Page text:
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Before the arrival of the Platforms… products & services were promoted the good, old-fashioned way via Emails and independent websites.

With the arrival of the platforms, the Advertising & Marketing models fundamentally changed — see article on Section 230 of the Communications Decency Act.  Flowing from this legislation the traditional wisdoms of marketing were upended.

Allow me to illustrate from our own experience when publishing our ezine — It’s My Life — in the early 2000s…

We learned that the same person needed to see and hear from us roughly about 8-9 times before they engaged… and then we needed to address questions and concerns to build trust.  If they are convinced by our value propositions, they may begin to try out our products & services.  And if it meets their expectations and needs, we’ve gained a client.  With enough clients, we then work on retention by upskilling and expanding services without a drop in quality, etc.  As a Publisher, we focused on the organic growth of our readership (to ensure integrity of data)… and we paid attention to opening rates (to see if our presentations & communication were effective)… and we also did our best to ensure all the Businesses that advertised with us were genuine (to build trust for our Brand).

But under section 230, platforms are legally protected from being liable for fraudulent content.  And the marketplace soon began to resemble a circus because in order to provide ‘free content’, platforms needed Advertising revenue to survive.  And so checks and balances were relegated to supercharged revenue streams.  Many independent publishers like ours folded because we just couldn’t compete with their purported ‘value propositions’.

So we shut down our ezine and moved to web design.  In 2016, however, when we were invited to provide Internet Marketing solutions for Nusantara Collection ( ref. The Nusantara Story, Part 1 ), we decided to revisit the current Advertising & Marketing models, and I consulted with experts from top Advertising Agencies and others.  They tell me the model is broken and even they struggle to understand how platforms work.  I then learned that within the platforms’ current Advertising models, the largest chunk went to SEO (search engine optimization).  This informed me that many small and medium-sized companies would be disadvantaged because that is a very expensive route to market. And it also does not serve products that want to move up the value chain from compelling story telling.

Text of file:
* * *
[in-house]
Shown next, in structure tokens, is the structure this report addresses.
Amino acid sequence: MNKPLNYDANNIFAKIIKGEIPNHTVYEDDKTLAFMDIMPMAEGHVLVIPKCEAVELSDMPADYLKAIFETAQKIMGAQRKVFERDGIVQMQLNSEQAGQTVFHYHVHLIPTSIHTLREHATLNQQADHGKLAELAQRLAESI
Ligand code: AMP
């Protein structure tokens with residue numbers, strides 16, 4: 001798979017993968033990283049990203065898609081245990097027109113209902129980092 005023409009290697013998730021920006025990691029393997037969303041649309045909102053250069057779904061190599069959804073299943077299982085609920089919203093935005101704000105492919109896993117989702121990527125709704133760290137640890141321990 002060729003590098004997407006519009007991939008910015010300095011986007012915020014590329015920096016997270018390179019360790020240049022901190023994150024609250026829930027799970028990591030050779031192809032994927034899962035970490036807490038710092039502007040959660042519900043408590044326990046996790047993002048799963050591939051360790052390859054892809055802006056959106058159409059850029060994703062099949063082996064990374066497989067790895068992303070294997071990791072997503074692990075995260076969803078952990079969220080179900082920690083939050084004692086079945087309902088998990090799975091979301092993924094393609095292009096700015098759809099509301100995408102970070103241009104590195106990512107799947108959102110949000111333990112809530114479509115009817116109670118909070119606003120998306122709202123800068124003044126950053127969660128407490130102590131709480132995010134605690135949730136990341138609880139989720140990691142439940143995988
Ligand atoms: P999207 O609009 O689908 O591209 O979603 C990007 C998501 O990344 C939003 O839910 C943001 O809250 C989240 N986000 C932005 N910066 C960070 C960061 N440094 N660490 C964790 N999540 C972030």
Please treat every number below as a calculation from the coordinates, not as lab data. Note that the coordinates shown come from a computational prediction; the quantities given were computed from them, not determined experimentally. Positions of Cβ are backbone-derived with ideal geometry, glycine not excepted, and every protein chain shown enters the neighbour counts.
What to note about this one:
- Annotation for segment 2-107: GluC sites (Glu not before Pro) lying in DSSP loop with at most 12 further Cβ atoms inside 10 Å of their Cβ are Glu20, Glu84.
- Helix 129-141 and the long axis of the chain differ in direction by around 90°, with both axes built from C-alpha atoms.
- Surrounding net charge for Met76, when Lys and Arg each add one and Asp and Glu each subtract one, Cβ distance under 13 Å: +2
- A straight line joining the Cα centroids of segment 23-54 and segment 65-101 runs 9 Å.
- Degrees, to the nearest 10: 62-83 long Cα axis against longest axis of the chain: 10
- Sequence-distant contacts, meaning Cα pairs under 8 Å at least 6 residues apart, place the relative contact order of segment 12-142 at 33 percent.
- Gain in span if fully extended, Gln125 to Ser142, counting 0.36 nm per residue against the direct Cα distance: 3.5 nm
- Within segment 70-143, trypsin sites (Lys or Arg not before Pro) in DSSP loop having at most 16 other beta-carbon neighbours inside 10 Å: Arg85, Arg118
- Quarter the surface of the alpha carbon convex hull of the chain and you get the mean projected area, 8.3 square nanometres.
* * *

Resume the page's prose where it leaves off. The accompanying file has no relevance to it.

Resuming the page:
Platforms are touted to amplify small businesses. But do they? In a crowded space, how does one communicate USPs (unique selling propositions) — particularly if one can’t reach the same audience over a fixed period of time? And how can you tell your compelling stories to a captive audience if your voice is drowned out in a noisy, chaotic platform?  Do intrusive Ads work — especially if it’s disconnected from the message and we don’t trust the Advertisement?

More questions.  How can platforms support SMEs, when their very model disenfranchises small businesses?  And in models where prices are a race to the bottom, how is value creation preserved so you can bring your products to market at competitive price points and still be fairly compensated for your skill & craft?  And why are more and more SMEs and small independent brands having to go off-platform, resorting to physical popups/exhibitions/stores to sell their items?

Questions, questions and more questions… but with seemingly no answers from the experts on platform marketing.

Furthermore, the business models of current platforms were designed for an environment of low interest rates and quantitative easing.  That environment doesn’t exist anymore, and now most have to redesign their Business Models to the new environment.  So I expect more fee raises and more turbulence as they adapt.  In the current scenario, Internet Marketing on platforms appears like a Kafkaesque World designed by Machiavelli.  Where is the pathway out?

And so, instead of doubling down — since even the experts are lost in this convoluted maze — we decided to downgrade the use of platforms as the primary marketing tool until there is more visibility.

Meanwhile, marketing/sales still need to happen in an environment of uncertainty and rising costs.  Perhaps deeper pockets may have an alternative route navigating the platforms… but SMEs like ours can’t afford it.  After much reflection and consultation, we decided to revive It’s My Life… going back to basics and the tested old-style (pre-platform) marketing approach.

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